Rigorous training for deploying Warramunga

Before HMAS Warramunga commenced Australia’s first 2024 Indo-Pacific regional presence deployment, Commanding Officer Commander Jennifer Graham put her crew through rigorous training to ensure they were ‘fully mission capable’.

CAPTIONHMAS Warramunga underway in rough sea state during a regional presence deployment. Story by Lieutenant Commander Andrew Herring. Photos by Petty Officer Leo Baumgartner.

Training began in earnest soon after the Anzac-class frigate sailed from its home port of Fleet Base East, Sydney, in late January, and continued while traversing heavy seas in the Great Australian Bight.

After a logistics visit to Fleet Base West in HMAS Stirling provided a brief reprieve, the ship’s company was further tested in Navy’s Western Australian Exercise Area in the Indian Ocean off the Western Australian coast.

Training covered all aspects of modern warship operations, from core maritime skills such as navigation, manoeuvring, man-overboard drills and small-boat operations using the ship’s two rigid hull inflatable boats, through to helicopter operations, underway replenishment, firefighting, damage control, small-arms practice, engineering incident response and warfare drills at ‘action stations’ – the ship’s highest state of alert.

CAPTIONHMAS Warramunga personnel conduct rigid hull inflatable boat training while the ship is in transit.

After months of training and pre-departure preparations, Commander Graham said she was confident in her crew’s abilities and readiness.

“Having enjoyed the Christmas and New Year break before we departed, the transit around Australia provided an ideal opportunity to bring the team back up to speed and prepare for the deployment ahead,” Commander Graham said.

Commander Graham said the crew enjoyed the chance to train with sister ship, HMAS Stuart, as it returned to sea for the first time since completing the Anzac Midlife Capability Assurance Program.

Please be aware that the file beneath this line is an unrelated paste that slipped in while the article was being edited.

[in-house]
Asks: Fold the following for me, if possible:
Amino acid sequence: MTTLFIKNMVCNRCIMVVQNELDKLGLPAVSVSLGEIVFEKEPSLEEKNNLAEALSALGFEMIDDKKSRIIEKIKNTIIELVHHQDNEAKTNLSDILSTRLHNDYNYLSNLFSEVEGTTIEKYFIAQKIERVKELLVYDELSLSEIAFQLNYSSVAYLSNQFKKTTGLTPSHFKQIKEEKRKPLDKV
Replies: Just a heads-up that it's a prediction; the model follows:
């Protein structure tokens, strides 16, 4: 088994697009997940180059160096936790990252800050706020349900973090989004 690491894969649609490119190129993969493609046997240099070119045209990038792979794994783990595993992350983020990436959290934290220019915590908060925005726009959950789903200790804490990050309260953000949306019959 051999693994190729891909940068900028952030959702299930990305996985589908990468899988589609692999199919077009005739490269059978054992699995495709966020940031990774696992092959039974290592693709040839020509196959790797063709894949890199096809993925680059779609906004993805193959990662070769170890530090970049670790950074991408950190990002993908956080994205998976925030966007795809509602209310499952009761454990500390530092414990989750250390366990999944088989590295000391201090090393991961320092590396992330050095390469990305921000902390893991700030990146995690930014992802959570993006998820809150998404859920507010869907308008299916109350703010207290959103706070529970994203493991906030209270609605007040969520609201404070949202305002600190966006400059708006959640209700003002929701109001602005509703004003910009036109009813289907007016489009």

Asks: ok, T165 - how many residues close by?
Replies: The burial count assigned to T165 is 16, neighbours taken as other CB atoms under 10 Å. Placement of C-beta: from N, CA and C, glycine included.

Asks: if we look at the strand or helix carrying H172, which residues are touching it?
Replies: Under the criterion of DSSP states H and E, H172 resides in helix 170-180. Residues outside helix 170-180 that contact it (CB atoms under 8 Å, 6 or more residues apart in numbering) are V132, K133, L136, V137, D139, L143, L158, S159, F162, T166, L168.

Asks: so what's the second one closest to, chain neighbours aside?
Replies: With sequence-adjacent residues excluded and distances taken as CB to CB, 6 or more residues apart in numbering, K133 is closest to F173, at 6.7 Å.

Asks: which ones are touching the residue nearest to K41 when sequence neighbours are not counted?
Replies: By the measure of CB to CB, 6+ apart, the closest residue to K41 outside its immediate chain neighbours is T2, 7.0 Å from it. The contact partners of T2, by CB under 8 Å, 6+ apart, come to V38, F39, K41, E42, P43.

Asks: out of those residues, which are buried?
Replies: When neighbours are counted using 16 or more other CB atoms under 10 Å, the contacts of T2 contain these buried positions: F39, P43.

CAPTIONHMAS Stuart makes a replenishment at sea approach alongside HMAS Warramunga off the coast of Western Australia.

“Regardless of the mission, whenever an Australian warship leaves Australian waters it must be mission capable and ready for anything … and Warramunga certainly is,” Commander Graham said.

And the hard work has already been paying off.

Since commencing the regional presence deployment, Warramunga has operated in company with United States Navy and Japan Maritime Self-Defense Force warships in the South China Sea, visited Singapore and is preparing for further engagements with regional partners in a range of maritime warfare exercises and cooperative activities.

Regional presence deployments demonstrate Australia’s commitment to, and engagement with, the region.

The deployments play a vital role in Australia’s long-term security and prosperity by protecting Australia’s interests, preserving a rules-based order, enhancing cooperation and relationships with regional partners and allies, and developing capability and interoperability.

The current regional presence deployment will be completed in late April.

CAPTIONHMAS Warramunga conducts a cooperative activity between Japan, the United States and Australia during a regional presence deployment.


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